Making sure your home has a working carbon monoxide detector
At low levels, CO poisoning symptoms can include dizziness, headache, or flu-like symptoms. At high levels, victims can have mental confusion, vomiting, and they can die.
WEST FARGO, N.D. (Valley News Live) - Did you know more than 400 people die each year in the United States from carbon monoxide poisoning? This is the perfect time to make sure your carbon monoxide detector is working.
With temps falling, the West Fargo Fire Department wants to raise the awareness of household heating devices and how to safely use them. CO incidents are more common during the colder months. During the period 2006 to 2010, half of CO incidents reported to local fire departments across the U.S. occurred between the months of November and February, peaking in December.
CO is called the invisible killer because you cannot see CO or smell it. This poisonous gas can come from many sources, including cars, malfunctioning fuel-burning appliances such as furnaces, ranges, water heaters and room heaters; and engine-powered equipment such as portable generators. Burning charcoal in fireplaces or in barbeque grills inside a home, or in semi-enclosed areas can also result in lethal carbon monoxide levels.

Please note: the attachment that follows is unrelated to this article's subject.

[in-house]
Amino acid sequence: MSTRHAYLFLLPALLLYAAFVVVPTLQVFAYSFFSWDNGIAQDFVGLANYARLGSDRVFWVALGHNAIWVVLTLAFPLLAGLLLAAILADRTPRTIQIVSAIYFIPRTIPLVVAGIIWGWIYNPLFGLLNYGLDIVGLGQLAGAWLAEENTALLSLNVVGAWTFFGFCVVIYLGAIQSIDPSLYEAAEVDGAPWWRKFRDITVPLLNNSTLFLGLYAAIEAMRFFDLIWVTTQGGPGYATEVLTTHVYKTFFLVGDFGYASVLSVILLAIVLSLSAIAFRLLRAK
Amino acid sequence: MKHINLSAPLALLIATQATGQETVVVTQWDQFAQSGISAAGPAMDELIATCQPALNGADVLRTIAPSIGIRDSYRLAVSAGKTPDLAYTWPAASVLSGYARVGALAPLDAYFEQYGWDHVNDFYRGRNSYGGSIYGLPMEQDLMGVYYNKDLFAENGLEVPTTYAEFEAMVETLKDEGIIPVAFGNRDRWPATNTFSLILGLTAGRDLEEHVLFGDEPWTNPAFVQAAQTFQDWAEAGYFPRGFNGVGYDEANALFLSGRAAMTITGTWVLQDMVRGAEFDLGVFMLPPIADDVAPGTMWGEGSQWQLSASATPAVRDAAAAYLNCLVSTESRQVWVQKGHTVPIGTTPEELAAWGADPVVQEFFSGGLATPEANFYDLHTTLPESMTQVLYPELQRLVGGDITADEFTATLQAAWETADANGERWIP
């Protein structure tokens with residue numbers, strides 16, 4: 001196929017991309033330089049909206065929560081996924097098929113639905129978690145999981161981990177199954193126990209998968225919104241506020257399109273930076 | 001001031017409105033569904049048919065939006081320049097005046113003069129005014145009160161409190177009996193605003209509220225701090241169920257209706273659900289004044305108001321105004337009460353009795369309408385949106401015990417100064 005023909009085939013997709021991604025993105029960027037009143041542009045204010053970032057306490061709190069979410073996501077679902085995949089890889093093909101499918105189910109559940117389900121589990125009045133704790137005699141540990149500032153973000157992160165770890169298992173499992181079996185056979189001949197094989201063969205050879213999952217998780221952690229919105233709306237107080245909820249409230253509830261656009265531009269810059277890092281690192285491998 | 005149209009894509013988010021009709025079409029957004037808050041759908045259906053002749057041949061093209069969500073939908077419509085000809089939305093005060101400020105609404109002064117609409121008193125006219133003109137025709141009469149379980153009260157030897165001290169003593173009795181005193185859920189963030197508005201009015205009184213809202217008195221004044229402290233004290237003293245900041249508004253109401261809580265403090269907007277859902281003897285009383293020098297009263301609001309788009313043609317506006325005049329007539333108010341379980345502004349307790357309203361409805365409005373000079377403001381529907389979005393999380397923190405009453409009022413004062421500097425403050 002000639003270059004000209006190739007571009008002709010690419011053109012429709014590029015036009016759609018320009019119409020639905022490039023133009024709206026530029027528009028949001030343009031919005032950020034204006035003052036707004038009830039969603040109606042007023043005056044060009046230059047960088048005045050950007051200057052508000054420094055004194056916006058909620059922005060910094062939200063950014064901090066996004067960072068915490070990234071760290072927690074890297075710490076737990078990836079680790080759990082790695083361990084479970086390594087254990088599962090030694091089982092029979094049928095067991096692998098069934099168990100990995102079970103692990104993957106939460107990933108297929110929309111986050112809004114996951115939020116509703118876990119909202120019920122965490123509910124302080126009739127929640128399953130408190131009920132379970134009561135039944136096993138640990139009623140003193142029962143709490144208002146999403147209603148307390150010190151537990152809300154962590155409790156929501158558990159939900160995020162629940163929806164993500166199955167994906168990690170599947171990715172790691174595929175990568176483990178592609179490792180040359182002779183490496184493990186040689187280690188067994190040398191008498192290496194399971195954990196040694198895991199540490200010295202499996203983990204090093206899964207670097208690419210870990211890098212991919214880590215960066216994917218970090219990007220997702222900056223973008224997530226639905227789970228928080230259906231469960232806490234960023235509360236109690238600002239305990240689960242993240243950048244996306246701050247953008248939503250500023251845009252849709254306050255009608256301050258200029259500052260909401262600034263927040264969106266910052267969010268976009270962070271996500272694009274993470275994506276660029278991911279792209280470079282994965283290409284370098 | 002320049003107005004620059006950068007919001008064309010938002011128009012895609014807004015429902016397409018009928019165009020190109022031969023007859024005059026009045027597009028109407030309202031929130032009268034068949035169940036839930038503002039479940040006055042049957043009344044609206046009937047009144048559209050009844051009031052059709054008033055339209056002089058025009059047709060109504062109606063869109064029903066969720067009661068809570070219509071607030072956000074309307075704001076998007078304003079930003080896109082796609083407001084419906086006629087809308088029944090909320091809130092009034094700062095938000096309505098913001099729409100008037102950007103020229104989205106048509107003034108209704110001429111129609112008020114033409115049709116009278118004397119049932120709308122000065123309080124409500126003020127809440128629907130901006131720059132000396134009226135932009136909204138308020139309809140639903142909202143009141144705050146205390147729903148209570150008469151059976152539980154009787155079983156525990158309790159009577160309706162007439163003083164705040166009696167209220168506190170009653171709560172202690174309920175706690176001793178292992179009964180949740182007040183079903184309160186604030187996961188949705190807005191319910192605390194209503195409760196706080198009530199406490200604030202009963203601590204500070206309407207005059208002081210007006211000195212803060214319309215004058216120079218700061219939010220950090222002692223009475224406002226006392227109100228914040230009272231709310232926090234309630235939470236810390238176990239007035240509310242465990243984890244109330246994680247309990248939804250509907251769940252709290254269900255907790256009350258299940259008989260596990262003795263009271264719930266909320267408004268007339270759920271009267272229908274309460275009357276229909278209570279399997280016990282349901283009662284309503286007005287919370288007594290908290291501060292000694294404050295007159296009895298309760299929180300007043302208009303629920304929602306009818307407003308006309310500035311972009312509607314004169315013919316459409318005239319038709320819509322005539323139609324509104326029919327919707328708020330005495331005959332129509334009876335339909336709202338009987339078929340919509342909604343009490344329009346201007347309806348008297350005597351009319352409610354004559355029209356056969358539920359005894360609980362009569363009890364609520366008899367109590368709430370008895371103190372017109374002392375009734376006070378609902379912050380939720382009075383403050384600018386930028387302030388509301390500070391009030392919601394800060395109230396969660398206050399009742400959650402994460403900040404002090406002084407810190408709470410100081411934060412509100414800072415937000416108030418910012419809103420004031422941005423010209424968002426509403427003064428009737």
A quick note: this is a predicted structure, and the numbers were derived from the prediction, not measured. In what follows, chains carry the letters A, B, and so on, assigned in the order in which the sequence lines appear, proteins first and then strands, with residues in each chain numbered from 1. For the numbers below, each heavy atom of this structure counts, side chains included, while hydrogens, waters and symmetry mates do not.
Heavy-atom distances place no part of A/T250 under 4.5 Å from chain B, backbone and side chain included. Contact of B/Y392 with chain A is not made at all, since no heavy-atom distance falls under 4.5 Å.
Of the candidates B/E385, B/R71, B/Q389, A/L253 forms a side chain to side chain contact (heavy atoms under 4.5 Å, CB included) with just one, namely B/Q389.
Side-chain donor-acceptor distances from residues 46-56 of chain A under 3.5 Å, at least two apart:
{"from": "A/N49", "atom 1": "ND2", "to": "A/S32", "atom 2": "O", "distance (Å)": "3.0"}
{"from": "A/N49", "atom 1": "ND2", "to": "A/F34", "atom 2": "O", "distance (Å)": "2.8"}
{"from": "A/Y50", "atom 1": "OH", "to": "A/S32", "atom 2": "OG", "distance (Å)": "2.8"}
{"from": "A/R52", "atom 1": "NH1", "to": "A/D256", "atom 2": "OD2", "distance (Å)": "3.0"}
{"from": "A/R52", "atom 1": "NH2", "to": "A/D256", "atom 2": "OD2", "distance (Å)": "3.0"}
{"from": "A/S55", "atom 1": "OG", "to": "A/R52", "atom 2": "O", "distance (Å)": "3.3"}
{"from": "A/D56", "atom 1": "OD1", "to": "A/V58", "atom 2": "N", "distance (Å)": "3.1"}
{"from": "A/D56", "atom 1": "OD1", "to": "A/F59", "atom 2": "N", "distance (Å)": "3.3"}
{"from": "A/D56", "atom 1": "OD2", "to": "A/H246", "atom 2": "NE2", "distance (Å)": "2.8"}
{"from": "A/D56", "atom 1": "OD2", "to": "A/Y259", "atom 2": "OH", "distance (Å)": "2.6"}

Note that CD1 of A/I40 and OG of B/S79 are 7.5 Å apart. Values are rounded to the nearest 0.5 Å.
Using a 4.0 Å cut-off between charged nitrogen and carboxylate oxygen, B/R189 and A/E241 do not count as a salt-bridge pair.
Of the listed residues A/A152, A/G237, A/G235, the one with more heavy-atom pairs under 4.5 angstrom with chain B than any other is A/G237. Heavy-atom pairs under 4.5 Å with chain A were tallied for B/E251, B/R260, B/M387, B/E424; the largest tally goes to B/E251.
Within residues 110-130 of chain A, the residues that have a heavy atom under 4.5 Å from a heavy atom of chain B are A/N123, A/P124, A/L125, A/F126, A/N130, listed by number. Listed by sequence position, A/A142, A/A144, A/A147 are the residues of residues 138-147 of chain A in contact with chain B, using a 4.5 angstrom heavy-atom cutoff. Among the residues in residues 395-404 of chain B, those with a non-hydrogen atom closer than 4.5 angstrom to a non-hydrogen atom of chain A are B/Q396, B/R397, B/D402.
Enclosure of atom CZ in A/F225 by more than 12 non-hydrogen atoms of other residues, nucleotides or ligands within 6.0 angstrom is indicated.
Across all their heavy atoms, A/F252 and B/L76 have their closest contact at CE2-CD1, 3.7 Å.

It is important to get your gas-powered furnaces checked by a contractor. Proper installation, operation, and maintenance of fuel-burning appliances in the home is the most important factor in reducing the risk of CO poisoning. Consumers should have their heating system inspected by a qualified professional and serviced every year to make sure the system is working properly. Inspections should also include checking for proper exhaust ventilation through vents chimneys and flues.
At low levels, CO poisoning symptoms can include dizziness, headache, or flu-like symptoms. At high levels, victims can have mental confusion, vomiting, and they can die. At extremely high levels, it is possible to lose consciousness suddenly without experiencing less severe symptoms. Call 911 if you feel any symptoms, fire department has gas monitors to check levels.
Almost all homes have at least one smoke alarm. However, carbon monoxide alarms are much less common. The American Housing Survey asked if the household had a working carbon monoxide alarm. Only two out of five said “yes.” Make sure to have working CO alarms in the home on every level and outside each separate sleeping area. CO alarms are designed to alarm before potentially life-threatening levels of carbon monoxide are reached. Never ignore a CO alarm when it sounds. Get outside immediately and call 911 from a fresh-air location. The emergency responders and fire department will provide information for safe home re-entry. If you live in an area without access to 911, call your fire department.
Purchase a heater with the seal of an independent testing laboratory. Choose a heater with a thermostat and overheat protection. Make sure your heater has an auto shut-off to turn the heater off if it tips over.
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